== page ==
One of the things I’ve learned from traveling around the world is that some familiar foods have different names depending on the region you’re in. Spices, in particular, go by many names. Some of the Thai spices you’ll find are indigenous to the region an you may not be familiar with them, but they’re what make the food so great.
When learning some Thai, you should be aware that there are 5 ways to pronounce each letter (making it one of the more complicated languages to learn and speak.) So, one word could have 5 meanings depending on the vowels used. Sometimes the pronunciation difference is ever so slight. For example, the word Soi (Soy) pronounced slightly differently can mean street or it can mean cow. I spent several days with my client in Thailand trying to figure out the difference between the pronunciation and never could get it. While they always giggled at my pronunciation, they really appreciated that I tried so hard. So, I’ve tried to use phonetic spellings below to best represent how we might pronounce the word or how it may sound to you.
Before you go, here’s what you should know.
One of my favorites, ข่า (pronounced Kha) is also called galangal (a root similar to ginger) and is used in many dishes, especially soups.
ใบมะกรูด (Bai Makrut) or kaffir lime leaves, are used in soups, curries, or chopped finely into meat dishes like larb. Don’t eat a whole leaf. If you love kaffir lime leaves, buy them in Thailand where they’re much less expensive. (just keep them in their original packaging so you don’t run into issues at customs)
ขิง (Khing) or ginger, is used in a lot of stir fry dishes.
ใบย่านาง (Bai toei) or pandan leaves, are very common in the region. Pandan leaves are often wrapped around beef, chicken or other foods and deep fried. They’re edible when cooked.
ตะไคร้ (Takhrai) or lemongrass, is much more recognized than some other spices, and is a highly used spice/herb. Lemongrass is not edible, but adds great flavor to food and drinks. I love lemongrass flavored tea both iced and hot. Lemongrass is a key ingredient in Tom Yam soup.
พริกขี้หนู (Phrik khi nu) or Chili is literally translated as mouth-dropping chili. Chili is a very common spice used throughout South East Asia and Thai Chili is very spicy. Consume at your own risk!
You should also be familiar with a few pastes/condiments that are frequently used and include many of the favorite Thai spices:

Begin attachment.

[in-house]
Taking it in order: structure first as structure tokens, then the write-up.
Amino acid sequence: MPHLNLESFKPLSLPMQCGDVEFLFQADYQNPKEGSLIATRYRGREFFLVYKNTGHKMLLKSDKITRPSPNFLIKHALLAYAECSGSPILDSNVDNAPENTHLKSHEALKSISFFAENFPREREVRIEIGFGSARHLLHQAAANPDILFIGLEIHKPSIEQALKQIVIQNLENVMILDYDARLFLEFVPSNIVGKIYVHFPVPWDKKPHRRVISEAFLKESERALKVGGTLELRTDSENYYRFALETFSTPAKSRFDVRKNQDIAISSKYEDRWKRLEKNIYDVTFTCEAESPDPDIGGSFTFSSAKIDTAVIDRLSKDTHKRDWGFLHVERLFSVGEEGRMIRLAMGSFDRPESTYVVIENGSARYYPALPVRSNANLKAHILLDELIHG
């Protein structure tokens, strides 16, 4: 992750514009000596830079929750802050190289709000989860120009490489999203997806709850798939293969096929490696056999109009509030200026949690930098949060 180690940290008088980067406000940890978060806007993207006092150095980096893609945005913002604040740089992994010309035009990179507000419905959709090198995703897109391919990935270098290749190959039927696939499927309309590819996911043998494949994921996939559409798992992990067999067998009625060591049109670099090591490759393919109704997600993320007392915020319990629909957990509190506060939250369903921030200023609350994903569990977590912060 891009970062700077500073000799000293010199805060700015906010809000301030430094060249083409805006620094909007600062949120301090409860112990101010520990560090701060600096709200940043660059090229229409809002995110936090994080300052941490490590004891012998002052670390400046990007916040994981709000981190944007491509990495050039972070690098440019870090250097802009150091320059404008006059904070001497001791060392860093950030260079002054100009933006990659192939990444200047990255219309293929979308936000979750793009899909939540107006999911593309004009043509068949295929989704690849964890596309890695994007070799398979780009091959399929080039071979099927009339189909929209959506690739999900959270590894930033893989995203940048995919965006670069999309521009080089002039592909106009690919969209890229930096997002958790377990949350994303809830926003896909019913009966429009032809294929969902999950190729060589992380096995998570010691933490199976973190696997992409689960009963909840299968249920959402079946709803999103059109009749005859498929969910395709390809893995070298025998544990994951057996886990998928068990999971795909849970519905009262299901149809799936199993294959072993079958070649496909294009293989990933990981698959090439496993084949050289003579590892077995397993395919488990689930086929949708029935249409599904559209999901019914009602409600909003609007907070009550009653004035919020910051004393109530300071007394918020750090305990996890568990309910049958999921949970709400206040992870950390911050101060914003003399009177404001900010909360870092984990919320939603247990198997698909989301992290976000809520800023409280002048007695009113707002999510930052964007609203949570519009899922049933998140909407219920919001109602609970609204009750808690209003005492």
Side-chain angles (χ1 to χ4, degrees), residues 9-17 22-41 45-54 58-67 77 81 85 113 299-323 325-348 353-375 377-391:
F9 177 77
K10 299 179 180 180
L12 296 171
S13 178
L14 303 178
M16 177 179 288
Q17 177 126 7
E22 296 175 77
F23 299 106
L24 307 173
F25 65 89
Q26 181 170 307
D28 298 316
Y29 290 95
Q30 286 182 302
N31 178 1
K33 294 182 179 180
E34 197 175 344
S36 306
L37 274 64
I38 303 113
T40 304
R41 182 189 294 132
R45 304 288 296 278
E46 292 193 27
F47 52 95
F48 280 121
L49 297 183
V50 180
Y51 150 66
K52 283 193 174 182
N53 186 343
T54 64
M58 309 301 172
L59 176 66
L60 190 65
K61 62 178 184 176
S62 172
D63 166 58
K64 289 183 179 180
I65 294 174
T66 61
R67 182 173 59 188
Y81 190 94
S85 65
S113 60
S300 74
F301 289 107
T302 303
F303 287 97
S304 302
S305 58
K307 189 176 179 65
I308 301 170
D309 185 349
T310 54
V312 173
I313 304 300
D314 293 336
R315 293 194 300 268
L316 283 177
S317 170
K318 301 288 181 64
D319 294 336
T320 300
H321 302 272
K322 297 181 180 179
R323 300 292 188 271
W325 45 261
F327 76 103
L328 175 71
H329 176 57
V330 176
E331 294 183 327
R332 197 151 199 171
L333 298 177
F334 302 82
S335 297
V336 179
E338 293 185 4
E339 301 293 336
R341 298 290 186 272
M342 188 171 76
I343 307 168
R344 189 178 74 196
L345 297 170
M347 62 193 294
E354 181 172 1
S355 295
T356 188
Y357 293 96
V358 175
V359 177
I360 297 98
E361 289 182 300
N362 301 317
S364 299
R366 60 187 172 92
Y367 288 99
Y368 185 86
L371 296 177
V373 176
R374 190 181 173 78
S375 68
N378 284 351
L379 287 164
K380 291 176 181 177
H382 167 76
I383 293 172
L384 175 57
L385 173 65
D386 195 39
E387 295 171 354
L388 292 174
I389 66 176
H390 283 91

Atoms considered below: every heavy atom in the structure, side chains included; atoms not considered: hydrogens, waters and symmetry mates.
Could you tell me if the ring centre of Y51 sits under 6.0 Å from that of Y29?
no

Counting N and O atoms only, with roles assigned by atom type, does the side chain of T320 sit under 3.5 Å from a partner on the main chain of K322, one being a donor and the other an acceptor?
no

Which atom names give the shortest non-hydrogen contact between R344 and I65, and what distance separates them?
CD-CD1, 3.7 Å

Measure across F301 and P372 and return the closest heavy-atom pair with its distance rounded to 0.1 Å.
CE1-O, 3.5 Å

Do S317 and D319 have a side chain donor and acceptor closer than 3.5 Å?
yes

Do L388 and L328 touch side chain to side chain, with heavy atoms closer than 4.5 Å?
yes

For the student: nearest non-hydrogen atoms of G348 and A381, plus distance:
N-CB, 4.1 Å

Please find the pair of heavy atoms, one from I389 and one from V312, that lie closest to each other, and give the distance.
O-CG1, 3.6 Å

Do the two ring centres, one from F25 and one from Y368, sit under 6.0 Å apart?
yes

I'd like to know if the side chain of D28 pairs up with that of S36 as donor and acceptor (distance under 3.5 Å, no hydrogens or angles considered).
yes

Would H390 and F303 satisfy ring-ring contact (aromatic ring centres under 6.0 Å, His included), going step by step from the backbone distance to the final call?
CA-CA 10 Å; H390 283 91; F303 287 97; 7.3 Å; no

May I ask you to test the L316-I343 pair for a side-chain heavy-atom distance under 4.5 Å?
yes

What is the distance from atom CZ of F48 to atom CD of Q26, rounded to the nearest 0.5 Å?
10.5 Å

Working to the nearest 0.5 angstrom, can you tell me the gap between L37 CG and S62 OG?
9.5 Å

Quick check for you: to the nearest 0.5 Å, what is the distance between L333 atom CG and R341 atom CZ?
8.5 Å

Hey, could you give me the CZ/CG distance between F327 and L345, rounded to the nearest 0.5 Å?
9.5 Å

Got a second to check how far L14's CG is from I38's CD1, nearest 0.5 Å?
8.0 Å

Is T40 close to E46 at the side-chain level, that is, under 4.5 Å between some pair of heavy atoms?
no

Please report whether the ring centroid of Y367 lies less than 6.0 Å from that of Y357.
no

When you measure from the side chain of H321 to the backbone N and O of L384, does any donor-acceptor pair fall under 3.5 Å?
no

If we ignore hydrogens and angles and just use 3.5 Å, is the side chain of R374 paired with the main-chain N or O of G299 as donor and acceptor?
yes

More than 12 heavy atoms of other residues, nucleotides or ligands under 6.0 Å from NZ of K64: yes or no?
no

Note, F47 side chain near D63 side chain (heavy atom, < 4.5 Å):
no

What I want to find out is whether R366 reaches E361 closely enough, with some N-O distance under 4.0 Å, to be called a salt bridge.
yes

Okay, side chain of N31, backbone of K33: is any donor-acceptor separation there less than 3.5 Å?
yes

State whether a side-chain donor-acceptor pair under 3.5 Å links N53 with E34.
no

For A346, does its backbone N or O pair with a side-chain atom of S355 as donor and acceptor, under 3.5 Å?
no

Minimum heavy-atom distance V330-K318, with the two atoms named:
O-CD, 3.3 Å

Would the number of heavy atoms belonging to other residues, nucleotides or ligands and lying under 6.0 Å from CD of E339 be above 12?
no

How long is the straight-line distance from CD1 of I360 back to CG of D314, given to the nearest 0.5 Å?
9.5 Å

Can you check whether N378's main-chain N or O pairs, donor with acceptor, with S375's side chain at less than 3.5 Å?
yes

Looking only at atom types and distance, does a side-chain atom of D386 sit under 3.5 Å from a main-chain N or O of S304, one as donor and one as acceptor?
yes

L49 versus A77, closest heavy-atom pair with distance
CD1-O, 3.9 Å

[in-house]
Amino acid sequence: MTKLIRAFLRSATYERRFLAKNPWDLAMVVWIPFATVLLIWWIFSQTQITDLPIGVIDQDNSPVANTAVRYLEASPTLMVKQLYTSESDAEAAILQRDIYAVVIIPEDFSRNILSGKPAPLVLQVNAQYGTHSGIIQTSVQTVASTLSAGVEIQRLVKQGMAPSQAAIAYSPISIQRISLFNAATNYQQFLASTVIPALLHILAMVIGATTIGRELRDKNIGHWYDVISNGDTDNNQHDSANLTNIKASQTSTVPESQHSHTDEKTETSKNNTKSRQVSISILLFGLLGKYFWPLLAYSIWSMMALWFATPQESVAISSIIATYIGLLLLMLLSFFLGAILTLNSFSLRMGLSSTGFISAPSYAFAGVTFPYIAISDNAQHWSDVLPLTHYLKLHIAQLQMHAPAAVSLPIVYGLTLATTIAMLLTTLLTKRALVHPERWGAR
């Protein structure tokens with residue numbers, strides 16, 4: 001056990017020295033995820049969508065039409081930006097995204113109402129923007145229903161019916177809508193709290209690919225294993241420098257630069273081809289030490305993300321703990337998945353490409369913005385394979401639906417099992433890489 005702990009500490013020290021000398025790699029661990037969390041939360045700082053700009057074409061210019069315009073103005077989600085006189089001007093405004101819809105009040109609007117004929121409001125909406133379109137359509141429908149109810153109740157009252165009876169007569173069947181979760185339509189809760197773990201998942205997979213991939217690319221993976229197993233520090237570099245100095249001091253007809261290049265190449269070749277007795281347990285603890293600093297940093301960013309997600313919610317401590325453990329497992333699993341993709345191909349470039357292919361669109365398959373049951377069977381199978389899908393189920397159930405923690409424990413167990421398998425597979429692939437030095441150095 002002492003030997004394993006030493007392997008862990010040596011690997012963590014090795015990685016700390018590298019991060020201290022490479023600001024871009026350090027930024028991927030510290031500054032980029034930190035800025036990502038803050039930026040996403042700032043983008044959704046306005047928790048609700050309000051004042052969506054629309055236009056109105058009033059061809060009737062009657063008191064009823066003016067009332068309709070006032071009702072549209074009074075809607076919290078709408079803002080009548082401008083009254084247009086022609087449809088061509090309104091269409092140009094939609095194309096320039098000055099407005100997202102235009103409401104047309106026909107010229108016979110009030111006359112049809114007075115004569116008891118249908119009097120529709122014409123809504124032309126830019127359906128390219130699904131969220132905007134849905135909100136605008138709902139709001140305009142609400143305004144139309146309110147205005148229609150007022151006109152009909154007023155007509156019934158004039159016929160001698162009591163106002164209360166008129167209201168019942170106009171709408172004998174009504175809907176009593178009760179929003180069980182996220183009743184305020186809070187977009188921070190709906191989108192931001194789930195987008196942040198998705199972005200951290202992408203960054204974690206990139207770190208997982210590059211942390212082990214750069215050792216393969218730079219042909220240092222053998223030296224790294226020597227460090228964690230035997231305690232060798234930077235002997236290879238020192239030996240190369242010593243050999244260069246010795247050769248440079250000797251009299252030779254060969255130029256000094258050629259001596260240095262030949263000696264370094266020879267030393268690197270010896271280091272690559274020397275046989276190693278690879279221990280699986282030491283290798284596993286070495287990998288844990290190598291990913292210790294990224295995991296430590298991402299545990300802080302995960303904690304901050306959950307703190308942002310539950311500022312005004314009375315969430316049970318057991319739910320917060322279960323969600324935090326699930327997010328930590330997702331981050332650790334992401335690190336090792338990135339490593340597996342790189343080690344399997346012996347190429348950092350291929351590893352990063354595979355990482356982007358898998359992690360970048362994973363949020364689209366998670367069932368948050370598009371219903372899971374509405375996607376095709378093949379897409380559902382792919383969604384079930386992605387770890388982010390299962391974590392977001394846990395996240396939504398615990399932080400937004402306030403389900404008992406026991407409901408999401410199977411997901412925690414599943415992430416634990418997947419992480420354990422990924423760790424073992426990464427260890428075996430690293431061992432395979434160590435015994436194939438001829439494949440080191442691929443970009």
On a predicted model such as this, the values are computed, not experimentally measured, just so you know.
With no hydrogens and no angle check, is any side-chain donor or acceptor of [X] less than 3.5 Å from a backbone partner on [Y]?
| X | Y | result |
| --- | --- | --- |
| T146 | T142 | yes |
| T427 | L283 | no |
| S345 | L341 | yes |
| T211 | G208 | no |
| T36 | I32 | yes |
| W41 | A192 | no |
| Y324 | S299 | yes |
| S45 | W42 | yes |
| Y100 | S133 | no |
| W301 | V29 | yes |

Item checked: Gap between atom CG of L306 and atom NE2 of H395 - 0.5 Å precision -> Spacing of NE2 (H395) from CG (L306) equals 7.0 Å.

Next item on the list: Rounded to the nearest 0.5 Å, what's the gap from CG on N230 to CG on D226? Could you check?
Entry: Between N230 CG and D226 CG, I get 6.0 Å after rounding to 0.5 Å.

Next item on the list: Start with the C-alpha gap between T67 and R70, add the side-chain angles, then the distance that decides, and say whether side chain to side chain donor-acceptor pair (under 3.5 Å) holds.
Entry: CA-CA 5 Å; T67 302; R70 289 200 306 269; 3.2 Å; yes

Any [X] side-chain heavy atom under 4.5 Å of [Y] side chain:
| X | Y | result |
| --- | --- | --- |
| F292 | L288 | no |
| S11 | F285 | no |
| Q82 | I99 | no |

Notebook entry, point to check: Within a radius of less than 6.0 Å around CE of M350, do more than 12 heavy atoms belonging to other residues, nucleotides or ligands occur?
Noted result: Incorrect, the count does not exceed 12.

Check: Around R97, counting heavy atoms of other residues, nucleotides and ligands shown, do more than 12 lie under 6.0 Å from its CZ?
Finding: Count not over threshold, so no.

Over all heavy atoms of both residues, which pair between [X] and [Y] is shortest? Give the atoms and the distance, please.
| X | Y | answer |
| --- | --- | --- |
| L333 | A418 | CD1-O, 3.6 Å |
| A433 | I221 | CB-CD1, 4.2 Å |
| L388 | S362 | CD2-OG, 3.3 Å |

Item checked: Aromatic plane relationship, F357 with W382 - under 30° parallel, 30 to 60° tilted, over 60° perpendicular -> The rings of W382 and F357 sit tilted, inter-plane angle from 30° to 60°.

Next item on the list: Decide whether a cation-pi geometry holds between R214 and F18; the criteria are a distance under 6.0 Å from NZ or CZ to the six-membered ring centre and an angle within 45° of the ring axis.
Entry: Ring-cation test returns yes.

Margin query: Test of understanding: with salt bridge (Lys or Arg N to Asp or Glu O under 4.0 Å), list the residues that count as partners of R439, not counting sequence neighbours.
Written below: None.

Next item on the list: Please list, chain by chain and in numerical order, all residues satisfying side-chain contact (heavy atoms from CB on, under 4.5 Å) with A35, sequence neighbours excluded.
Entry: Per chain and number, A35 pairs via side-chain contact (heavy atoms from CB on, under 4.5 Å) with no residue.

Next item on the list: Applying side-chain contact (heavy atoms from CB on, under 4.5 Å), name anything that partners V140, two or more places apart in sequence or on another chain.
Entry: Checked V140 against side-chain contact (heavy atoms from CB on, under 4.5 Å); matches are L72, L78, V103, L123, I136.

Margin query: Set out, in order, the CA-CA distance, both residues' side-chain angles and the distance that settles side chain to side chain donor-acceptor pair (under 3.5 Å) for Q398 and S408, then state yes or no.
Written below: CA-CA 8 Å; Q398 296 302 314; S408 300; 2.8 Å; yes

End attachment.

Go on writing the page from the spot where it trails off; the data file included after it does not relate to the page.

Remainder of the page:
กะปิ (Kapi) or shrimp paste can be smelled a mile away. It’s made by fermenting ground shrimp and salt. It is used to add flavor to many dishes.
น้ำปลา (Nam pla) or fish sauce is used extensively in Thai cooking. You’ll also recognize the smell, but depending on its use, you may not notice the flavor. Believe it or not, there’s a more pungent version of fish sauce called Pla Ra or ปลาร้า and one smell of that will send your senses into overdrive. Fish Sauce is used to add saltiness flavor to most soup bases and many other dishes.
ซีอิ้วดำ or ซีอิ้วขาว (Si-io dam or Si-io khao) is soy sauce! The first is dark soy and second is light soy and it’s pronounced (soya dam or soya cow). Soy sauce is also commonly used throughout Thailand.
มะนาว (Manao) – a very common fruit yet many of the locals will not know it by its English name, lime. Thai’s serve lime with almost every noodle and rice dish and you may find yourself asking for more manao (pronounced man ow)
ฝรั่ง (fah rang) – Farang – besides a derogatory slang word to refer to “white” tourists, and the name of a defunct Thailand Ice Hockey Team (yeah, I had no idea there was Ice Hockey in Thailand either), farang is what we call guava.
ข้าว (cow) – Khao – you might be familiar with the word Khao because it’s common in may city names (Khao Lak for example). Khao is a word you should learn as it’s a staple in the Thai diet, it means rice.
There are dozens, actually thousands, of words you could learn, but learning just a few will help you get along in Thailand, especially when ordering food.
Images from Wikipedia